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Predicción de daños de la polilla guatemalteca Tecia solanivora (Povolny) 1973 (Lepidoptera: Gelechiidae) en el Ecuador

Boletín de sanidad vegetal. Plagas, ISSN 0213-6910, Vol. 29, Nº 2, 2003, pags. 233-242
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ABSTRACT La polilla guatemalteca Tecia solanivora (Povolny) 1973 es probablemente la plaga más peligrosa para cultivos de papa en Sudamérica. En el Ecuador el manejo de este insecto resulta muy difícil, ya que los factores bióticos de control natural, prácticamente son inexistentes, las únicas regulaciones naturales encontradas en la provincia del Carchi, son abióticas y están relacionadas a factores climáticos. Se observaron resultados significativos de correlación múltiple entre los tubérculos infestados y las variaciones climáticas medidas durante los primeros meses de inicio del cultivo en las parcelas de investigación. Se registraron correlaciones fuertes entre la infestación de los tubérculos y el vuelo de los machos, capturados en trampas de feromonas, (R>0.90) así como también entre el clima que éstos encontraron en el campo. Estos resultados nos dan la posibilidad de predecir en los estados tempranos de la floración, dos meses antes de la cosecha, cual va a ser el porcentaje de infestación de los tubérculos. Necesitamos solamente una combinación de trampas de feromonas, un thermohigrógrafo y un pluviómetro.

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    ABSTRACT: The level of genetic diversity within populations of introduced species has received increasing attention as an important factor influencing their survival and adaptive potential. We examined this issue with the Guatemalan potato tuber moth Tecia solanivora, an agricultural pest which has successfully invaded South America and the Canary Islands within the last 20years. To analyse changes in T.solanivora genetic diversity, the mitochondrial marker cytochrome b was sequenced from individuals collected across its known distribution area. High haplotypic diversity was observed in Guatemala, whereas only three haplotypes have been found in Venezuela and a single one in the remaining invaded South American countries and the Canary Islands. Invasive haplotypes were not observed in our samples from Guatemala but are closely related to Guatemalan haplotypes. These results are consistent with the hypotheses that (i) either a few individuals were introduced into Venezuela leading to a strong initial genetic bottleneck, or selection pressure may have lead to the disparition of all but a reduced number of introduced haplotypes, (ii) a second bottleneck occured between Venezuela and Colombia, and (iii) the invasion of the Canary Islands originated from South America. We further reviewed the recent literature to compare this change in genetic diversity with those reported for other invasive species. We quantified the changes in genetic diversity between native and introduced ranges for 57 biological invasions. We found that the genetic homogenization in T.solanivora was among the strongest reported and discuss factors that can explain the success of invasive populations with low genetic diversity.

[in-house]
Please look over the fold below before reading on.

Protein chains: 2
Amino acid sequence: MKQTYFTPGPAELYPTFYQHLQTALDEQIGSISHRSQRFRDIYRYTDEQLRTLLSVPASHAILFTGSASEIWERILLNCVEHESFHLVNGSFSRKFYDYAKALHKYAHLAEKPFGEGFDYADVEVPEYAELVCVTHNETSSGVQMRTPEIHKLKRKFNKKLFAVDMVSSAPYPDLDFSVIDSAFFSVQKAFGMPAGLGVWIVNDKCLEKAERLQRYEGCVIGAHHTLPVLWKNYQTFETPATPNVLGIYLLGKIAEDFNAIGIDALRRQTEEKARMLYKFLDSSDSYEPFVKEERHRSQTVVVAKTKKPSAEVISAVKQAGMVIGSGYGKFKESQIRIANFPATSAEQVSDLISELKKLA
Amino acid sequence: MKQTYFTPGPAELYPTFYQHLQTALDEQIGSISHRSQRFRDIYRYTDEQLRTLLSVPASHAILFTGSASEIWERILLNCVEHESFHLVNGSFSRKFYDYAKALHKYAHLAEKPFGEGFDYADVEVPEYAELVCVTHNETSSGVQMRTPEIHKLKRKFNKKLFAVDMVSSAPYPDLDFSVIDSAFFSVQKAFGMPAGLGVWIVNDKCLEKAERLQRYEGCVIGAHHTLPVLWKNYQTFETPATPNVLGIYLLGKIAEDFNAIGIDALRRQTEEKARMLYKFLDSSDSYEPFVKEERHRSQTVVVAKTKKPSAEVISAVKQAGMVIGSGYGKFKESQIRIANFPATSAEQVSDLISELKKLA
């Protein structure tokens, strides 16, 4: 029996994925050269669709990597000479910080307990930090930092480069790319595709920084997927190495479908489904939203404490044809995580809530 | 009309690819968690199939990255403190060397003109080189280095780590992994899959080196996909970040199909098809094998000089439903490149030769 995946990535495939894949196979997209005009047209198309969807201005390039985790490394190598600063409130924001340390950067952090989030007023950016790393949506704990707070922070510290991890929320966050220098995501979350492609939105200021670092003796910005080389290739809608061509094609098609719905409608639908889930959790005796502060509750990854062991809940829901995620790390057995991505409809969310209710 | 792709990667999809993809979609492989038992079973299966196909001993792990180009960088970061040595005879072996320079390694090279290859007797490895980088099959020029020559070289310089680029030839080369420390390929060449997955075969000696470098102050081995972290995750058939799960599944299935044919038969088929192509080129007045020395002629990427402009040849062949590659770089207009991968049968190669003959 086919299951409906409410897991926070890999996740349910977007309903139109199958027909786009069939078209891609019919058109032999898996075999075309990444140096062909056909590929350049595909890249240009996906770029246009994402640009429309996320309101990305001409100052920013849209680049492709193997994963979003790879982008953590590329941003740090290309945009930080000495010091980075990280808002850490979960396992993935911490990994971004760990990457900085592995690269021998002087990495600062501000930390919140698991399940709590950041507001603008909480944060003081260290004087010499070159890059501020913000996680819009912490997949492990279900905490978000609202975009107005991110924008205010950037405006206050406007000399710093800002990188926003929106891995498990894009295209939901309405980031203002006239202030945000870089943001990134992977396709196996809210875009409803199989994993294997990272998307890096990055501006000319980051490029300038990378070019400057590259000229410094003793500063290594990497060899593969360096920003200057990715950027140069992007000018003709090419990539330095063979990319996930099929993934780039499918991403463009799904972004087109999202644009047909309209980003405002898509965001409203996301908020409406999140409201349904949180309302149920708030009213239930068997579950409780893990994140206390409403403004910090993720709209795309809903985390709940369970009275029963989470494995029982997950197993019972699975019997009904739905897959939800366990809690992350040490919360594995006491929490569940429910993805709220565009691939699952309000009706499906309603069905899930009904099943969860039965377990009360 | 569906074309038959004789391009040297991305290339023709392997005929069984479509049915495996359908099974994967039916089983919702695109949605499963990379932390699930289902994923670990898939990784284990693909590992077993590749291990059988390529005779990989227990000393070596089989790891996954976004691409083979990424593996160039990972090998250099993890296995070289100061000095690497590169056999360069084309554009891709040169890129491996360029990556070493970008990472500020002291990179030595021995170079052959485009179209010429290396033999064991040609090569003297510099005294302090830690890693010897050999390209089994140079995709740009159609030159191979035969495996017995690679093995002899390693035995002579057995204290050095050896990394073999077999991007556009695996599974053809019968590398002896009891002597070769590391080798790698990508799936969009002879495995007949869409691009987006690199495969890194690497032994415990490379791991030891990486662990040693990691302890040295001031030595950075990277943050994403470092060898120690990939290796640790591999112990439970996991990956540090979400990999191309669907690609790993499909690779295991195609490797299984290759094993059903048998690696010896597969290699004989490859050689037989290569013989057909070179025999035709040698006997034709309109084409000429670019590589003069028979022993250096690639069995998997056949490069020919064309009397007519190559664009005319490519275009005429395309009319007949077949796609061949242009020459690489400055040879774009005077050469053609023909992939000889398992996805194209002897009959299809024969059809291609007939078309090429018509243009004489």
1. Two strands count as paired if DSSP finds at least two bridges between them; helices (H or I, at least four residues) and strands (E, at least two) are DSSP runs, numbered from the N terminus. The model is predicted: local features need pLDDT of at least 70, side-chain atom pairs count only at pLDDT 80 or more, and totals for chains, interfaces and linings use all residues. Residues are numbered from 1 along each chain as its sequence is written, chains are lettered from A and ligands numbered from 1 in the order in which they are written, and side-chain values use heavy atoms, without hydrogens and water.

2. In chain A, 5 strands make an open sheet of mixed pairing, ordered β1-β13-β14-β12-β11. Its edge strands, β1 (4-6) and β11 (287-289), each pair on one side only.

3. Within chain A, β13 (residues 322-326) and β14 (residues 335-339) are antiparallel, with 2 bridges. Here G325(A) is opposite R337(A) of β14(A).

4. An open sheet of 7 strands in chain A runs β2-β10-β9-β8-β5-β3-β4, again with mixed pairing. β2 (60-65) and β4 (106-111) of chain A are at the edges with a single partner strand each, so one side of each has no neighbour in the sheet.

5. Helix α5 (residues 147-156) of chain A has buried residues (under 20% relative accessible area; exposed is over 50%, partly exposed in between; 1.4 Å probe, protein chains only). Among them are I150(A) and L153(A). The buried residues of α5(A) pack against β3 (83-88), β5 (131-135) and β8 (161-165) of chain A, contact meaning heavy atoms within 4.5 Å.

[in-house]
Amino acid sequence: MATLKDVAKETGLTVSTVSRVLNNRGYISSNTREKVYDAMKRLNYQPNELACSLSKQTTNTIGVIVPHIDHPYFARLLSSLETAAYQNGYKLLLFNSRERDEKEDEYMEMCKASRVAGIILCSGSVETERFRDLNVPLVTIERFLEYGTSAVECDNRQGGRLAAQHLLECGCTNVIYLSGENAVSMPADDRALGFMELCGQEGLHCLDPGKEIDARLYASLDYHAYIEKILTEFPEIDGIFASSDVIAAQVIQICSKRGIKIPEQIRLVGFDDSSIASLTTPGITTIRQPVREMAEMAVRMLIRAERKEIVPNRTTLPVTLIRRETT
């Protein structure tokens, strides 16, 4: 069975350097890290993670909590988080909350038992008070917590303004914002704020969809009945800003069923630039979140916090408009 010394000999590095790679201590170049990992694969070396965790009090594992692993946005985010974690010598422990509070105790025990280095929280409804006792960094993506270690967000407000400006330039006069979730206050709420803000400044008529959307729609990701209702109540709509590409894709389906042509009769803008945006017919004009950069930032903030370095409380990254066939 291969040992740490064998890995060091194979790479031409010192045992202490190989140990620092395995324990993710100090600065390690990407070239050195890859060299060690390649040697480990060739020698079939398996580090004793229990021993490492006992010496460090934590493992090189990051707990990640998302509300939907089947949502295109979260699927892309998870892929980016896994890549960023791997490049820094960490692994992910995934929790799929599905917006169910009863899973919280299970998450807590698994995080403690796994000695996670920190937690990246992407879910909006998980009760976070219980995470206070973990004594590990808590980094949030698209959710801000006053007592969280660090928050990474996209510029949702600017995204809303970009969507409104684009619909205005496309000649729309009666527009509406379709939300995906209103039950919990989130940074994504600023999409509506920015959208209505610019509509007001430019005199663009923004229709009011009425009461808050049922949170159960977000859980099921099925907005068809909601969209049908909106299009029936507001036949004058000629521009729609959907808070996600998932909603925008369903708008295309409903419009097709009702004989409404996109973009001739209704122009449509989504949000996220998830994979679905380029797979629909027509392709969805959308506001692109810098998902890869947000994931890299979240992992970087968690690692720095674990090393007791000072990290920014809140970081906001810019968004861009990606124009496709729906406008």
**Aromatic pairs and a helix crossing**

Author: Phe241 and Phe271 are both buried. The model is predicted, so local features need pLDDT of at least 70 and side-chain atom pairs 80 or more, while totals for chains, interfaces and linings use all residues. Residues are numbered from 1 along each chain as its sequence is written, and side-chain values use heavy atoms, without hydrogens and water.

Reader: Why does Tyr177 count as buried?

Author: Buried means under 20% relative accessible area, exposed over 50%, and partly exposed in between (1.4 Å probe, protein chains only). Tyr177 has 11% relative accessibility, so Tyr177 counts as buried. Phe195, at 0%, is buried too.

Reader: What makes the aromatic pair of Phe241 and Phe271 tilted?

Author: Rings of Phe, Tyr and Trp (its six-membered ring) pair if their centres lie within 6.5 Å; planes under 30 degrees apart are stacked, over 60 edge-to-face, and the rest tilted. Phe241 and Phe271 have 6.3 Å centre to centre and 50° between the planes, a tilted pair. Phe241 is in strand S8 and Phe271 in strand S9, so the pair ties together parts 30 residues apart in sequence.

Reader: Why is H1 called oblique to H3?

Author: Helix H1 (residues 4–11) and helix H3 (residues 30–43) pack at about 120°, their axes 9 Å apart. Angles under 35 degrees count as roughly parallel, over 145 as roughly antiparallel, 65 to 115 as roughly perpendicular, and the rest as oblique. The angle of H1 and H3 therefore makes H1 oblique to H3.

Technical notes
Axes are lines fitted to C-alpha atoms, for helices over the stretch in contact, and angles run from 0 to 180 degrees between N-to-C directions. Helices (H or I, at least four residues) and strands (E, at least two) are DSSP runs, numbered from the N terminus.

Biological Invasions 10(3):319-333. · 2.51 Impact Factor

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